Wednesday, January 21, 2009

Horse Vet Supplies

When I was visiting with my veterinarian the other day I questioned him about supplies to keep around the barn - and to take along on trail rides - as good items to have in case of an emergency. He gave me a list of things that he would like to see all horse owners have on hand. He also suggested a smaller kit of these basics would be good to have in the trailer, with an even smaller kit as a good idea to take on rides in saddlebags.

  • Anti-inflammatory – both Bute and Banamine
  • Oral antibiotic
  • Betadine
    - Betadine is a diluted iodine solution used to flush out wounds.
  • Bandages – gauze pads, non-stick pads, absorbent pad
    - Gauze pads, when applied to a wound, will help to create a clot to stop bleeding, which is why this is applied first. When removing the gauze, make sure to moisten it well so that the clot isn’t ripped off. The non-stick pads, which will also help to clot the wound, would be easier to remove. Absorbent pads shouldn’t be placed directly on a wound as they would not help to stop the flow of blood, because they are absorbent, they actually might keep blood flowing; gauze should be placed first, then the absorbent pad second.
  • Vet wrap, or Coflex
    - These self-adhesive bandages are used to hold the gauze pads in place. Both vet wrap and Coflex are basically the same, yet the ends on the Coflex seem to be easier to find and unwrap.
  • AluShield, a spray-on aluminum bandage
    - This is a spray-on aluminum bandage that covers a wound completely to keep out dirt and insects. It works very well on any area that is hard to keep covered with a gauze pad and vet wrap.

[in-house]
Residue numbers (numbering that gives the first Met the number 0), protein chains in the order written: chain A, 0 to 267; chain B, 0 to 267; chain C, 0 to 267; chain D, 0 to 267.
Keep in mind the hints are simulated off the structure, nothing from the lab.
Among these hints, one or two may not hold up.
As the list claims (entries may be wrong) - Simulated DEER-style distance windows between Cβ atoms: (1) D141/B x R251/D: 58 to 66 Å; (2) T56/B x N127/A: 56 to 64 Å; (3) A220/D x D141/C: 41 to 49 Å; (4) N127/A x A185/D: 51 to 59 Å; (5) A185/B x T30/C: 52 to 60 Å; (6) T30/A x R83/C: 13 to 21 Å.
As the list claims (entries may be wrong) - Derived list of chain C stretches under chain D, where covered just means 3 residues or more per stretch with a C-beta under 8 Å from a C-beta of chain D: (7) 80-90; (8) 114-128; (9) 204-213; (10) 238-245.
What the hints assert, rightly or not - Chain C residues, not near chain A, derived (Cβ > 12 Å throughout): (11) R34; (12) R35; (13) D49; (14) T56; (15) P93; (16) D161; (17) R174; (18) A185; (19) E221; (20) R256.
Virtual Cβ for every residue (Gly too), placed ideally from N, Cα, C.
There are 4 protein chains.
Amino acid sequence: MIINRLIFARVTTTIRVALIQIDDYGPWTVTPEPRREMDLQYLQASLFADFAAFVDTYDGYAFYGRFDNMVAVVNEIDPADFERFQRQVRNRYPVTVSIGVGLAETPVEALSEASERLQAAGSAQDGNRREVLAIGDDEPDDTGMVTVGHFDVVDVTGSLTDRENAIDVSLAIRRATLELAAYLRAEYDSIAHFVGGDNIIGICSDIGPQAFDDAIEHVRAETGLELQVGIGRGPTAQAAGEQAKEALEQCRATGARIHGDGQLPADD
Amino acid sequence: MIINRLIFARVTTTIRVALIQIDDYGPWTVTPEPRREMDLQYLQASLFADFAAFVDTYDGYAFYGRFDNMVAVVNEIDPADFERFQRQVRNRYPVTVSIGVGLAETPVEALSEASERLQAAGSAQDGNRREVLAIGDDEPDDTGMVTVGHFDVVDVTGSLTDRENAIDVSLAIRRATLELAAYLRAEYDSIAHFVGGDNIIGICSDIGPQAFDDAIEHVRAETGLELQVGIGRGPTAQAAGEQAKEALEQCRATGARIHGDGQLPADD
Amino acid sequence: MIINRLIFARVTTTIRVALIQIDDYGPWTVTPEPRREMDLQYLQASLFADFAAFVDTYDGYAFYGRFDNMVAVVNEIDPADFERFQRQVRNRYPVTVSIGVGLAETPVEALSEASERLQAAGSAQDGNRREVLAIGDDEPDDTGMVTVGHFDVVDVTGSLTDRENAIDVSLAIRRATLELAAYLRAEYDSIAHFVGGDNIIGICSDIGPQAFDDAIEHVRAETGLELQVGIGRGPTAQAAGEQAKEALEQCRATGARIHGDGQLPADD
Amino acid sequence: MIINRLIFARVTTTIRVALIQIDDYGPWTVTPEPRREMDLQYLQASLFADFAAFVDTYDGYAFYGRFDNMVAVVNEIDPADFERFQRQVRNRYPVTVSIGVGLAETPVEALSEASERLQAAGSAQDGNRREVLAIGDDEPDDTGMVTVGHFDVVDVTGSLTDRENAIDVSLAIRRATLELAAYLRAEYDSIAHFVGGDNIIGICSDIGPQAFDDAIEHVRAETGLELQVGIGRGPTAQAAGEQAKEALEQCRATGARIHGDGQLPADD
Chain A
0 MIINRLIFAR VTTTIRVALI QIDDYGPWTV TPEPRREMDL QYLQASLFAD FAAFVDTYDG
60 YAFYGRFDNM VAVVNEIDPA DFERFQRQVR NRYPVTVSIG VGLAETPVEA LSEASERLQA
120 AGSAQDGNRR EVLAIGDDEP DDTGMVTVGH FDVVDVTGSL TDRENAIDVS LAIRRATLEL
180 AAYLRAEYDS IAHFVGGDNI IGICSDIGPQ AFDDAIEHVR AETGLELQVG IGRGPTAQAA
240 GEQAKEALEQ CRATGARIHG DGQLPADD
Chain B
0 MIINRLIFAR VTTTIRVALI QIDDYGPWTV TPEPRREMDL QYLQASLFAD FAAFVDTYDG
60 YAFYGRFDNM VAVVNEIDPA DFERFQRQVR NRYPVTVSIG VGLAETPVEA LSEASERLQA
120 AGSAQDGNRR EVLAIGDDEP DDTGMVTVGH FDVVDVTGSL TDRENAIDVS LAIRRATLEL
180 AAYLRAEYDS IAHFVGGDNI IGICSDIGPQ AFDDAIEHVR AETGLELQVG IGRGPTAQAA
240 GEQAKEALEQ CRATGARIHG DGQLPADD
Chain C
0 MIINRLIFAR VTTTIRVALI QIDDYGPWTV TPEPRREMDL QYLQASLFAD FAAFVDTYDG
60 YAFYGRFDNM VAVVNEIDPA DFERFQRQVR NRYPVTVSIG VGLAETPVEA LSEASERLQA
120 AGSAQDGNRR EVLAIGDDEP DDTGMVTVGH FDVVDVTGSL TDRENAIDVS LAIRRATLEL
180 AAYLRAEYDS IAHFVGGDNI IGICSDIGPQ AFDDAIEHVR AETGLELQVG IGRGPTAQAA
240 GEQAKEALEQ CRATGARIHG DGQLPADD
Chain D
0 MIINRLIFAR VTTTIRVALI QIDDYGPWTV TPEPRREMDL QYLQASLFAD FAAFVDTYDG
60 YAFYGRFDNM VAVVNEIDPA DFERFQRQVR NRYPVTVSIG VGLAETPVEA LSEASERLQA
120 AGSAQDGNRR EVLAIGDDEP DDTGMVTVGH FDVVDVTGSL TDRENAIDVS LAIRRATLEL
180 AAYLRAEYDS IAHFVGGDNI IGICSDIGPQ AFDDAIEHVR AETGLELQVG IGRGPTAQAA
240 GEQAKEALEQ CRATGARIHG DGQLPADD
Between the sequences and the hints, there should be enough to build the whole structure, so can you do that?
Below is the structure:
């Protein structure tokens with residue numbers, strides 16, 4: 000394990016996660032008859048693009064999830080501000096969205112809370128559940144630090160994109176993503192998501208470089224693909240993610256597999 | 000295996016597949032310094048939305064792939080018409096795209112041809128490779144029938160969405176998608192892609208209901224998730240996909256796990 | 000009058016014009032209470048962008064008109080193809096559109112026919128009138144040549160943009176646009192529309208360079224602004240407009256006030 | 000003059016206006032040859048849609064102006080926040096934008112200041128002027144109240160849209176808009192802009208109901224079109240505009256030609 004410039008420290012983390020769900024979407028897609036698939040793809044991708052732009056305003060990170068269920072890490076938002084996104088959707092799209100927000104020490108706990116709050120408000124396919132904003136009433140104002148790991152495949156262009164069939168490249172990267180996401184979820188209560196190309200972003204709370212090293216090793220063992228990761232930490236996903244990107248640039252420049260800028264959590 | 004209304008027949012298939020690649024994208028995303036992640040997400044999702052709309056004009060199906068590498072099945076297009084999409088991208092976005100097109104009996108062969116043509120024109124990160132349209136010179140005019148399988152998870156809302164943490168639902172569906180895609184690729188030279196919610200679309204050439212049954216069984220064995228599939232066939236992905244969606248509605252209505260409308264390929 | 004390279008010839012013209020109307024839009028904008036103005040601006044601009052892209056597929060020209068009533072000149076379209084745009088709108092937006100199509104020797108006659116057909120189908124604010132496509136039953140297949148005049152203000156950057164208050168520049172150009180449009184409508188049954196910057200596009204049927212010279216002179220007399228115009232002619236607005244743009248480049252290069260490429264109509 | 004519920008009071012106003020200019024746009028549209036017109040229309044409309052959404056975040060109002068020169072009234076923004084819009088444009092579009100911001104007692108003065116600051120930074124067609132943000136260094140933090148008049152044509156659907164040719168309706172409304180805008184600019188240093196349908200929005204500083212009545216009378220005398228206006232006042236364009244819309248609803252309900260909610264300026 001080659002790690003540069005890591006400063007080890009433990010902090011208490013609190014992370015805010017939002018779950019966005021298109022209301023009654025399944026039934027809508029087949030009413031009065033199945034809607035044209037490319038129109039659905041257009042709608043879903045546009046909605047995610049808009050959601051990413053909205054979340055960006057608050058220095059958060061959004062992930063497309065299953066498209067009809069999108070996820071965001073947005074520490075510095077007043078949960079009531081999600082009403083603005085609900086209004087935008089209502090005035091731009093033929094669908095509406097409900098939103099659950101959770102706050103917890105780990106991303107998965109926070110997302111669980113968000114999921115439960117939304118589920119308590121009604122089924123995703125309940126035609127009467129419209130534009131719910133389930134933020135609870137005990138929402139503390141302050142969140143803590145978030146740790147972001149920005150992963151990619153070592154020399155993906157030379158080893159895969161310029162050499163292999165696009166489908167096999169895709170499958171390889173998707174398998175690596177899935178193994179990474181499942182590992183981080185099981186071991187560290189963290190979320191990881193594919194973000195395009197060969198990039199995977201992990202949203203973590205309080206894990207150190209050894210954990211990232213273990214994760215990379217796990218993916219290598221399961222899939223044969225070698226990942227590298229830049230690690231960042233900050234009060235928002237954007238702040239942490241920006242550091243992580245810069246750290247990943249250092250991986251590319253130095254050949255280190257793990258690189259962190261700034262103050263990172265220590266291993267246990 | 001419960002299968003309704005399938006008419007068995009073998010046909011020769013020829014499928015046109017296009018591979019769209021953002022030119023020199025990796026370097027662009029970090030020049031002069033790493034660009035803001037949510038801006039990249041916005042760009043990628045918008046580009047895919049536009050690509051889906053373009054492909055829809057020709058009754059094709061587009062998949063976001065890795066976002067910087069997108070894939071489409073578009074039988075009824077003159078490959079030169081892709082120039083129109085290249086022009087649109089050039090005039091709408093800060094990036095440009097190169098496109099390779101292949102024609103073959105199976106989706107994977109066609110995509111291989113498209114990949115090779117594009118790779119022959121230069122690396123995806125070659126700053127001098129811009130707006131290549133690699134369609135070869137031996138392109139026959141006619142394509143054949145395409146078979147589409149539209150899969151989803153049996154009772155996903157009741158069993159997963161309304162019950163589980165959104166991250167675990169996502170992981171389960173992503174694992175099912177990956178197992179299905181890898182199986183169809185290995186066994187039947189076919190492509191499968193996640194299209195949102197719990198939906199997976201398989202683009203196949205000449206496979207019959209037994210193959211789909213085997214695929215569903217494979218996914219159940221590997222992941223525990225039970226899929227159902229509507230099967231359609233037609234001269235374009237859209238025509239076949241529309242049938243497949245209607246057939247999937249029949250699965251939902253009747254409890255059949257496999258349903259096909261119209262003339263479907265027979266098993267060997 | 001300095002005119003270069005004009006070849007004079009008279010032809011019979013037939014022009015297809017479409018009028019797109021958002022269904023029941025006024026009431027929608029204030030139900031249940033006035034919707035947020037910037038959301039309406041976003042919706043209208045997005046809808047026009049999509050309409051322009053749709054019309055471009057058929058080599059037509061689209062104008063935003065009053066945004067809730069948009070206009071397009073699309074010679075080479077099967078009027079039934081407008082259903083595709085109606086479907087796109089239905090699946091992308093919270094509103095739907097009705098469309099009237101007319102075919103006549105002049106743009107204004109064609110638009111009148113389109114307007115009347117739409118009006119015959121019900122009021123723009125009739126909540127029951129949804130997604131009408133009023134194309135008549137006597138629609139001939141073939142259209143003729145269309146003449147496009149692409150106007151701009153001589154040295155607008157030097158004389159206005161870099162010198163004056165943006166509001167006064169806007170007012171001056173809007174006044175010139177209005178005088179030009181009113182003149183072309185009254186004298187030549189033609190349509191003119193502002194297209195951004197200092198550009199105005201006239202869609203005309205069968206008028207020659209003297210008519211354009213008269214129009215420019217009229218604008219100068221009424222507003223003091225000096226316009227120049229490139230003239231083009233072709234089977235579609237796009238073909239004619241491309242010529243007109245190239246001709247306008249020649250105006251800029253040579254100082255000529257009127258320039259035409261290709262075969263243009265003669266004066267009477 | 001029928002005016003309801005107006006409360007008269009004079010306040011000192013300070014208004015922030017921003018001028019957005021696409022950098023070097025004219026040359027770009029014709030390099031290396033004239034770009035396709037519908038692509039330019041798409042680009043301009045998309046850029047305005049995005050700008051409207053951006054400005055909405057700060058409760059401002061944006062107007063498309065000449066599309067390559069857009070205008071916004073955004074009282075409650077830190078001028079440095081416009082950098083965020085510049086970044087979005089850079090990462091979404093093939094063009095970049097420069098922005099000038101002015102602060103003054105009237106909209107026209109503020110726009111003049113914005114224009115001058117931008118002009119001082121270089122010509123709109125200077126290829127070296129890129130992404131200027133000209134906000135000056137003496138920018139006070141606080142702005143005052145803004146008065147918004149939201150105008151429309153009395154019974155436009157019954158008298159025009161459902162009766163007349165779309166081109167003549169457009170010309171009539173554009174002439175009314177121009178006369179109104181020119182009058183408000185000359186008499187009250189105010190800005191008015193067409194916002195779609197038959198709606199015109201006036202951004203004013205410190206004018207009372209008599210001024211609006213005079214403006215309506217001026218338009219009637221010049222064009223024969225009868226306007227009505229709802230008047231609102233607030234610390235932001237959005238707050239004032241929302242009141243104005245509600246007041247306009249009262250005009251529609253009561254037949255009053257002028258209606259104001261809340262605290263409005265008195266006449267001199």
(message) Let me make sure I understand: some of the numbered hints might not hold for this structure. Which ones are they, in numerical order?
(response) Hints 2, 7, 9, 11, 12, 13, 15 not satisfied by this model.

• Thermometer – with string and clip attached
    - Always use a thermometer with the string attached! It would be a good idea to clip it to the horse’s tail hairs before inserting the thermometer to keep it from getting accidently “sucked” into the rectum. Normal temperature for a horse is a range from 99.5 to 101.5.
  • Nitrofurazone cream
    - A topical anti-bacterial and anti-fungal cream used as a dressing for minor cuts and burns.
  • Saline solution
  • Triple antibiotic opthalmic ointment WITHOUT cortisone
    - This would be used when the eye is partially closed or has a discharge. When using this, you would also need to talk to your veterinarian. DO NOT use an opthalmic ointment containing cortisone without your veterinarian’s advice as it could exacerbate certain conditions.

The anti-inflammatories and the oral antibiotics are items that you would have to obtain through your veterinarian as they are prescription drugs, and anytime that you feel they are called for, your veterinarian should be at least notified. By having these items on hand, most small cuts and scrapes can be handled by yourself, but cuts that go further than just the skin and puncture wounds should be seen by a veterinarian.

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